This annual report on the implementation of resolution reforms takes stock of progress made by FSB members in implementing resolution reforms and enhancing resolvability across the banking, financial market infrastructure, and insurance sectors.

  • Central Counterparties (CCPs) – Progress in implementing the G20 reforms agreed after the 2008-09 financial crisis has promoted the use of CCPs but has also increased their systemic importance. While various efforts have been made to enhance the resilience and resolvability of CCPs, the report notes that further work is still needed on CCP resolution and resolvability, including the adequacy of resources for CCP resolution.

  • Insurers –There is still work to be done to make resolution plans for insurers fully operational. The report highlights the importance of ensuring the continued effective application of the Key Attributes, should the identification of Global Systemically Important Insurers (G-SIIs) be discontinued and replaced by the IAIS Holistic Framework for the assessment and mitigation of systemic risk in the global insurance sector.

  • Banks – Global systemically important banks (G-SIB) resolution planning is maturing and the focus is shifting increasingly to fine-tuning and testing resolution preparedness. G-SIBs’ progress towards resolvability has been incremental since last year, reflecting the level of advancement of resolution policy implementation in many jurisdictions. Funding in resolution remains an area of focus for both firms and authorities. The FSB has also focused on assisting home and host authorities in having a clear understanding of approaches to unallocated TLAC. And work has been conducted on issues relating to resolution planning of banks other than G-SIBs that could be systemic in failure.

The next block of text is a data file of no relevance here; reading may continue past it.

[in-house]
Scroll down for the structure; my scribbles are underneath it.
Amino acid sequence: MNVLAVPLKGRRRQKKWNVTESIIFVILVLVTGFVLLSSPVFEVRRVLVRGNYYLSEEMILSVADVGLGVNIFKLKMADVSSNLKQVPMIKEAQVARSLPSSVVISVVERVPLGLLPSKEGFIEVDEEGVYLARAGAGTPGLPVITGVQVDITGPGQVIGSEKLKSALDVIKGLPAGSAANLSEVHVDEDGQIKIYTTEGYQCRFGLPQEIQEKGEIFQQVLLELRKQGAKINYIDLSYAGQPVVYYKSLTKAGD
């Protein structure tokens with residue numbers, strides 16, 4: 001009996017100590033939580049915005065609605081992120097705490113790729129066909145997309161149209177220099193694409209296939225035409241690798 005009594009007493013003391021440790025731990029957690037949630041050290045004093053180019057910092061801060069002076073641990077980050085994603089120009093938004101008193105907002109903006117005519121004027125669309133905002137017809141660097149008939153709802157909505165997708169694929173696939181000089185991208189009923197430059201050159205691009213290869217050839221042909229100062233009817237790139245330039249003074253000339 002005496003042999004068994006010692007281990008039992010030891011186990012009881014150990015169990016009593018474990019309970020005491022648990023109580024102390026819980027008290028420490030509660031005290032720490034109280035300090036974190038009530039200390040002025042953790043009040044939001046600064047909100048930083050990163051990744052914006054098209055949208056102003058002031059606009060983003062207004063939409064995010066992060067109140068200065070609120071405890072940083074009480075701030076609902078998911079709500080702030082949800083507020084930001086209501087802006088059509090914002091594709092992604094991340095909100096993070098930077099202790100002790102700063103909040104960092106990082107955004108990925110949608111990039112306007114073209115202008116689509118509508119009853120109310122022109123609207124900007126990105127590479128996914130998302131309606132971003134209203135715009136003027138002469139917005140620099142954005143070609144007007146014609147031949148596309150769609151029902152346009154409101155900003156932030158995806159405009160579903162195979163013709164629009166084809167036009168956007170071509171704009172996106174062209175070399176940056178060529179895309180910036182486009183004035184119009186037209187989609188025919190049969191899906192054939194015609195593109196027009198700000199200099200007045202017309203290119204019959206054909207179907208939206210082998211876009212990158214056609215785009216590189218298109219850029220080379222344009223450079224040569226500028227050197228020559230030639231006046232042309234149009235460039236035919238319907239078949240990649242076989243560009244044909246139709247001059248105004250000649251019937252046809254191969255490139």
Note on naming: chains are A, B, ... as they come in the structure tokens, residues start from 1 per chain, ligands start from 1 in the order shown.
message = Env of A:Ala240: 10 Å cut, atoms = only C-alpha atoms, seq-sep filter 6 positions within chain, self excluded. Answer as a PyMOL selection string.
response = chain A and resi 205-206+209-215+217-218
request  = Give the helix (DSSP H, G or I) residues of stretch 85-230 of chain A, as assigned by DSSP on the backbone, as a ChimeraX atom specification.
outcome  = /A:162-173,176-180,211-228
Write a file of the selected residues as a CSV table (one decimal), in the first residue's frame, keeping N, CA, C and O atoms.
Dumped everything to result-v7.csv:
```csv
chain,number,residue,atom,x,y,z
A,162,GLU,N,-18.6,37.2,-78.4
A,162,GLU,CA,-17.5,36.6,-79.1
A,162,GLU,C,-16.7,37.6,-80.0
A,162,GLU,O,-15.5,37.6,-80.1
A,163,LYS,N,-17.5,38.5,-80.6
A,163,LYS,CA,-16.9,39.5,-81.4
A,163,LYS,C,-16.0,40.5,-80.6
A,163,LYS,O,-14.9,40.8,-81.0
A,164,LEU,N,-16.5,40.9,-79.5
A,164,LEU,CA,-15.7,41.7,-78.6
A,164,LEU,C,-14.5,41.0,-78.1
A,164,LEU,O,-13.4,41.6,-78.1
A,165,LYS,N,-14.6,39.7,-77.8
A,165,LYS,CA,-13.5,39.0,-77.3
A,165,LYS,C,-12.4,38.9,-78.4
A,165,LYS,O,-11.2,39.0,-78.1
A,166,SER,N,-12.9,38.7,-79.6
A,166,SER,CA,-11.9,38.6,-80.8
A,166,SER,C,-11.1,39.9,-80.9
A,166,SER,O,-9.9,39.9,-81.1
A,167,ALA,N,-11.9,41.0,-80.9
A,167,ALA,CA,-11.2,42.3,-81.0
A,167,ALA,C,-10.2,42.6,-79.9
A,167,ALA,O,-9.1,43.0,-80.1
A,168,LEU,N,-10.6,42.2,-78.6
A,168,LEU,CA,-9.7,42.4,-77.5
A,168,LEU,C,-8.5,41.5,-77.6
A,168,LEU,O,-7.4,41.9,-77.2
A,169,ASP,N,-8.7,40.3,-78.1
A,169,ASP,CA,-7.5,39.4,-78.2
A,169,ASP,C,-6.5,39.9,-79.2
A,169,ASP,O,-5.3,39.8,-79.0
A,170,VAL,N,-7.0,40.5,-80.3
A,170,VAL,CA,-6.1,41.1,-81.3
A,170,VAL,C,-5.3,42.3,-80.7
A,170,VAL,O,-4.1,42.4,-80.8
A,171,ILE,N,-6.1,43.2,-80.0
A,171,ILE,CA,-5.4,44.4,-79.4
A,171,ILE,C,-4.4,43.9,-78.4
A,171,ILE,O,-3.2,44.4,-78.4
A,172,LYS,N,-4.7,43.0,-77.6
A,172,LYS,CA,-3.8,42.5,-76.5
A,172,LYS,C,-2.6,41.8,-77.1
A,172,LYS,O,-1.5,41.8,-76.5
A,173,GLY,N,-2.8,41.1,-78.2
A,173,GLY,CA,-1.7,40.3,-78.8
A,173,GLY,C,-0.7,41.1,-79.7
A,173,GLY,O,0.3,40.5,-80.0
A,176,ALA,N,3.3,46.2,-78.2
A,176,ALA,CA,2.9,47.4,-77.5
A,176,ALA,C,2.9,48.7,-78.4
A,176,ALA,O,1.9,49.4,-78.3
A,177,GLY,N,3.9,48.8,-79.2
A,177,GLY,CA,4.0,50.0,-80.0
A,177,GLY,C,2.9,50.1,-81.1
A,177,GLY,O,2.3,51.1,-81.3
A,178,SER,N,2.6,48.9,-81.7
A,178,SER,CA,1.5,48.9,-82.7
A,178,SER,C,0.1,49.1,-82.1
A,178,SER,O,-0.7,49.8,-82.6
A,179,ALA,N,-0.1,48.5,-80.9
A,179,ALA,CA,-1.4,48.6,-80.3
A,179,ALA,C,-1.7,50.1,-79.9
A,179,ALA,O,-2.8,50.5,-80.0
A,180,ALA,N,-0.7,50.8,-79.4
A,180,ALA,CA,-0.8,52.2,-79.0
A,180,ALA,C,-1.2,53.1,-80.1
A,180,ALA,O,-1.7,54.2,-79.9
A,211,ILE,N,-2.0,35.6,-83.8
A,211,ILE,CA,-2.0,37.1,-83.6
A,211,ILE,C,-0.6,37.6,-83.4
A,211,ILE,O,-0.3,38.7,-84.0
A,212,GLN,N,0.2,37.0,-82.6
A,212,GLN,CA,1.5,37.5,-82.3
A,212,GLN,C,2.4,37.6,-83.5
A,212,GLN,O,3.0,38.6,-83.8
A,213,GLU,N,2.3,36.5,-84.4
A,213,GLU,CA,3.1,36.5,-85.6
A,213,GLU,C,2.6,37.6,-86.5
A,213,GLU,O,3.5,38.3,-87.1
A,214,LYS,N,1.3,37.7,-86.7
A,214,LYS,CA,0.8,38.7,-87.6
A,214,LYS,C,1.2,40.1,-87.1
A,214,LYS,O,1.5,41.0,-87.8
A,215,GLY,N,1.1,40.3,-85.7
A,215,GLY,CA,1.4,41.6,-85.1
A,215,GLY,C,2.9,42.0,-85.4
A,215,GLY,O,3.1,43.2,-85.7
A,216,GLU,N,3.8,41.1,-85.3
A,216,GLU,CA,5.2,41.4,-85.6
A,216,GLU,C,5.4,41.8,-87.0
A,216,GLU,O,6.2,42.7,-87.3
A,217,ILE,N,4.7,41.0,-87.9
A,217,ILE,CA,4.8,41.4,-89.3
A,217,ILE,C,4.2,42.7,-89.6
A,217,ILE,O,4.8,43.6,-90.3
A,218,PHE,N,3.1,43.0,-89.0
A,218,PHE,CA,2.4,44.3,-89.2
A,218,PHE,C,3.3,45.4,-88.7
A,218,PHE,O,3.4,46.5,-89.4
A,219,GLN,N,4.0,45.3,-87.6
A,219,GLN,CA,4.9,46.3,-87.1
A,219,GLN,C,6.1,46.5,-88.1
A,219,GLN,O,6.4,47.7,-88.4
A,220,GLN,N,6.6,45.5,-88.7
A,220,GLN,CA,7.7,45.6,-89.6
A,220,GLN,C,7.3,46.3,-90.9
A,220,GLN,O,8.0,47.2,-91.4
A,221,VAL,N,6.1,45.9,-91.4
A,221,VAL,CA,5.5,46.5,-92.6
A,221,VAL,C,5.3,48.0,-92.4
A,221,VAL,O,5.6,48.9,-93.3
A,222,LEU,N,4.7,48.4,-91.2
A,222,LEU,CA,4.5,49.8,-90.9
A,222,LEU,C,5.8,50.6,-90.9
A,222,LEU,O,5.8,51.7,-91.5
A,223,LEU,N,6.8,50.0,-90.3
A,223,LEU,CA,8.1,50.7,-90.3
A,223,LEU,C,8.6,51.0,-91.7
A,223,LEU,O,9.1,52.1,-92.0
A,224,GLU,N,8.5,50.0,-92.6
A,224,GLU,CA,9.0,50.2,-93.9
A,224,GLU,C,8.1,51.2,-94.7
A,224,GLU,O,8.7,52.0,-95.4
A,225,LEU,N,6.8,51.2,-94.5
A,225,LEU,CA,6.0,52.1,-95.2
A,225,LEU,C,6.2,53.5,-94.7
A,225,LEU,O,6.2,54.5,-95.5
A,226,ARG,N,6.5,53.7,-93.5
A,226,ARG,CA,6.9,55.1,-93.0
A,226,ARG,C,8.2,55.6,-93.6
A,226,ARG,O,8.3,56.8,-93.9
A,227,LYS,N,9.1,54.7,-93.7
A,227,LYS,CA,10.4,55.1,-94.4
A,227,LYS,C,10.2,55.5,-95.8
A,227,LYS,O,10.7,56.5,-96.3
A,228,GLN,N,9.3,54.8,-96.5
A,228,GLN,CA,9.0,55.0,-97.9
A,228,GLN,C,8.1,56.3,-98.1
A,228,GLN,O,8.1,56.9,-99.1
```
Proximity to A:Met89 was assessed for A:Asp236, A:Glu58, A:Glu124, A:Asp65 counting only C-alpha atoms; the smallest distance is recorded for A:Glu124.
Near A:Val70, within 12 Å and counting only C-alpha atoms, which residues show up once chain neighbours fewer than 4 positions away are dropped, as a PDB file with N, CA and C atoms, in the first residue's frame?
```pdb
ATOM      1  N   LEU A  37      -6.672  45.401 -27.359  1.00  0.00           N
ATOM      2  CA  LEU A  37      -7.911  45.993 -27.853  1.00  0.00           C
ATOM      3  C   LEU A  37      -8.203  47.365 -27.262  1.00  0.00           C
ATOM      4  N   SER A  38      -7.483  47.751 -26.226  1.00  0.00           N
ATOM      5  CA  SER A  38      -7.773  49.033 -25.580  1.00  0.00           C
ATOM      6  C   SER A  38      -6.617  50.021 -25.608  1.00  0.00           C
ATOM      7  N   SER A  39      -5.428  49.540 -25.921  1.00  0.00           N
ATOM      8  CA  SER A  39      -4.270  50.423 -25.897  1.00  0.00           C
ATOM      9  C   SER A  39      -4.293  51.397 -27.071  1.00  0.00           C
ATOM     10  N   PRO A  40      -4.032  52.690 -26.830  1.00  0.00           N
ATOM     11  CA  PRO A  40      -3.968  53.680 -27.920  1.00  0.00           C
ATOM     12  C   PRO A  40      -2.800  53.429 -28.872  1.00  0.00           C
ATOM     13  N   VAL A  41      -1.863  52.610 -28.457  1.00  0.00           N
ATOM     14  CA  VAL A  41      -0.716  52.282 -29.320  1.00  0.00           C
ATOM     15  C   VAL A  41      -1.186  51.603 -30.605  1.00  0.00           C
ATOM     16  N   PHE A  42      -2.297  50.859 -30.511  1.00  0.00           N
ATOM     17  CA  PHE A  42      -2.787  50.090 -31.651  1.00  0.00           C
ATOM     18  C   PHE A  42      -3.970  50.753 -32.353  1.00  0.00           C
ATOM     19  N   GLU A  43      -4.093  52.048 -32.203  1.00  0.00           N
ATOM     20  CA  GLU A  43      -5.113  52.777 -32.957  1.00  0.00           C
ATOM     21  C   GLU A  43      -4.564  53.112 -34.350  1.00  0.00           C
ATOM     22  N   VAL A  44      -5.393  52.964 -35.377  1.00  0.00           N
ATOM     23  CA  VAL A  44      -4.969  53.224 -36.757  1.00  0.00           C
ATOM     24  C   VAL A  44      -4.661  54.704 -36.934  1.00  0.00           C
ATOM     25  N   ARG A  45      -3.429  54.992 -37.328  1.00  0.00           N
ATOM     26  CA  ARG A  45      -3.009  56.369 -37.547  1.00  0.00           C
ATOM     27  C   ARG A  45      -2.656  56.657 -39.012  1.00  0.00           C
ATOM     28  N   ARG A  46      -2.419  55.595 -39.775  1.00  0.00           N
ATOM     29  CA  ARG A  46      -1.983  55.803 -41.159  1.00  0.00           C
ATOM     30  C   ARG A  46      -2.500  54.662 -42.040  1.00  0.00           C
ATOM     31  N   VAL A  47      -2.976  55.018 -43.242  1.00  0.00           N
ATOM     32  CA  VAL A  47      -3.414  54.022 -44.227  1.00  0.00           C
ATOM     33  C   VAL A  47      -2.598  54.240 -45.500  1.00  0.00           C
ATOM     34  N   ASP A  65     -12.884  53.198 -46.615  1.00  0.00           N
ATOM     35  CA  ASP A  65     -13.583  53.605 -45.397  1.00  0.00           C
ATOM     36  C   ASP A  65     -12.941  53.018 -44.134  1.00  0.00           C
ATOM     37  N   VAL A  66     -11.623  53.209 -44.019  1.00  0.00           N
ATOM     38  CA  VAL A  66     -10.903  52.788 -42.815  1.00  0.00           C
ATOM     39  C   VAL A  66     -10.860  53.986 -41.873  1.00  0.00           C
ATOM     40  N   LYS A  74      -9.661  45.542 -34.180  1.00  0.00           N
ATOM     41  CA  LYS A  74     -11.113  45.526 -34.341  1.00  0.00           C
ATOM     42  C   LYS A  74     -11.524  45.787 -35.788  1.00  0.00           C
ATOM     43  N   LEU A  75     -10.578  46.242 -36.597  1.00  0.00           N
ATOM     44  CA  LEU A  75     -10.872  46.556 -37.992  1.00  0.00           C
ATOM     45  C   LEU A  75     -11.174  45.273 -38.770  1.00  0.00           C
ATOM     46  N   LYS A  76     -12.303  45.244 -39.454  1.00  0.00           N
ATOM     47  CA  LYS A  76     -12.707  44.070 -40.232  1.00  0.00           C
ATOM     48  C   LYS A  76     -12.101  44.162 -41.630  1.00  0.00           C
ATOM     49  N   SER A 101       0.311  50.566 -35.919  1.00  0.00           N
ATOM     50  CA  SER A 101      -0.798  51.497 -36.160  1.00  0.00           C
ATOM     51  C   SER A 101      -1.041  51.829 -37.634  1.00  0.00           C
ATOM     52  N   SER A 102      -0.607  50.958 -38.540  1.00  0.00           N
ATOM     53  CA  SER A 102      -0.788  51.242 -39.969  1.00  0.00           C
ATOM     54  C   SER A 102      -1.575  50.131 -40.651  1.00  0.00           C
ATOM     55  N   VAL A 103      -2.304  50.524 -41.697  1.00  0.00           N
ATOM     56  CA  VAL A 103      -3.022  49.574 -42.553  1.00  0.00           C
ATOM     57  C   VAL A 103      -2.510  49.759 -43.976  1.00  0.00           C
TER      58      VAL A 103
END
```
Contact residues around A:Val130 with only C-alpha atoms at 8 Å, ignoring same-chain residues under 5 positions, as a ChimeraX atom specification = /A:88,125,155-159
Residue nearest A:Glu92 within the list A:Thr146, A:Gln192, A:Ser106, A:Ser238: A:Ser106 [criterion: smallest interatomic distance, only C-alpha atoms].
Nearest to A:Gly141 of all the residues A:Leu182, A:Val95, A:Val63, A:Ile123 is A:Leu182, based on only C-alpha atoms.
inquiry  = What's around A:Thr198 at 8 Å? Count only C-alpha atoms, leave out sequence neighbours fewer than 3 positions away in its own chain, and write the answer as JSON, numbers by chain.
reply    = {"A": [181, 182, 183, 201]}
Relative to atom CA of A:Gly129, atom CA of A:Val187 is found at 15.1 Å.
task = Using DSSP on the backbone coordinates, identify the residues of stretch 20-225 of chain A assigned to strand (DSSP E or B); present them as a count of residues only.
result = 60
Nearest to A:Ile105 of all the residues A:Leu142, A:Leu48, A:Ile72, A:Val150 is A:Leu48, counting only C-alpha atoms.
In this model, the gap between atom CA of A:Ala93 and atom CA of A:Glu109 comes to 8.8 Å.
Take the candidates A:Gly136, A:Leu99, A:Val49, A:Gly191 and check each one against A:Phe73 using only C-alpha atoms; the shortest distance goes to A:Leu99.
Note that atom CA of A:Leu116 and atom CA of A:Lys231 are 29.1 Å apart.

The report sets out the FSB’s priorities in the resolution area going forward. In 2023, these will include continued focus on completing the resolution frameworks for CCPs and insurers, and consolidating the FSB’s work on bank resolution preparedness.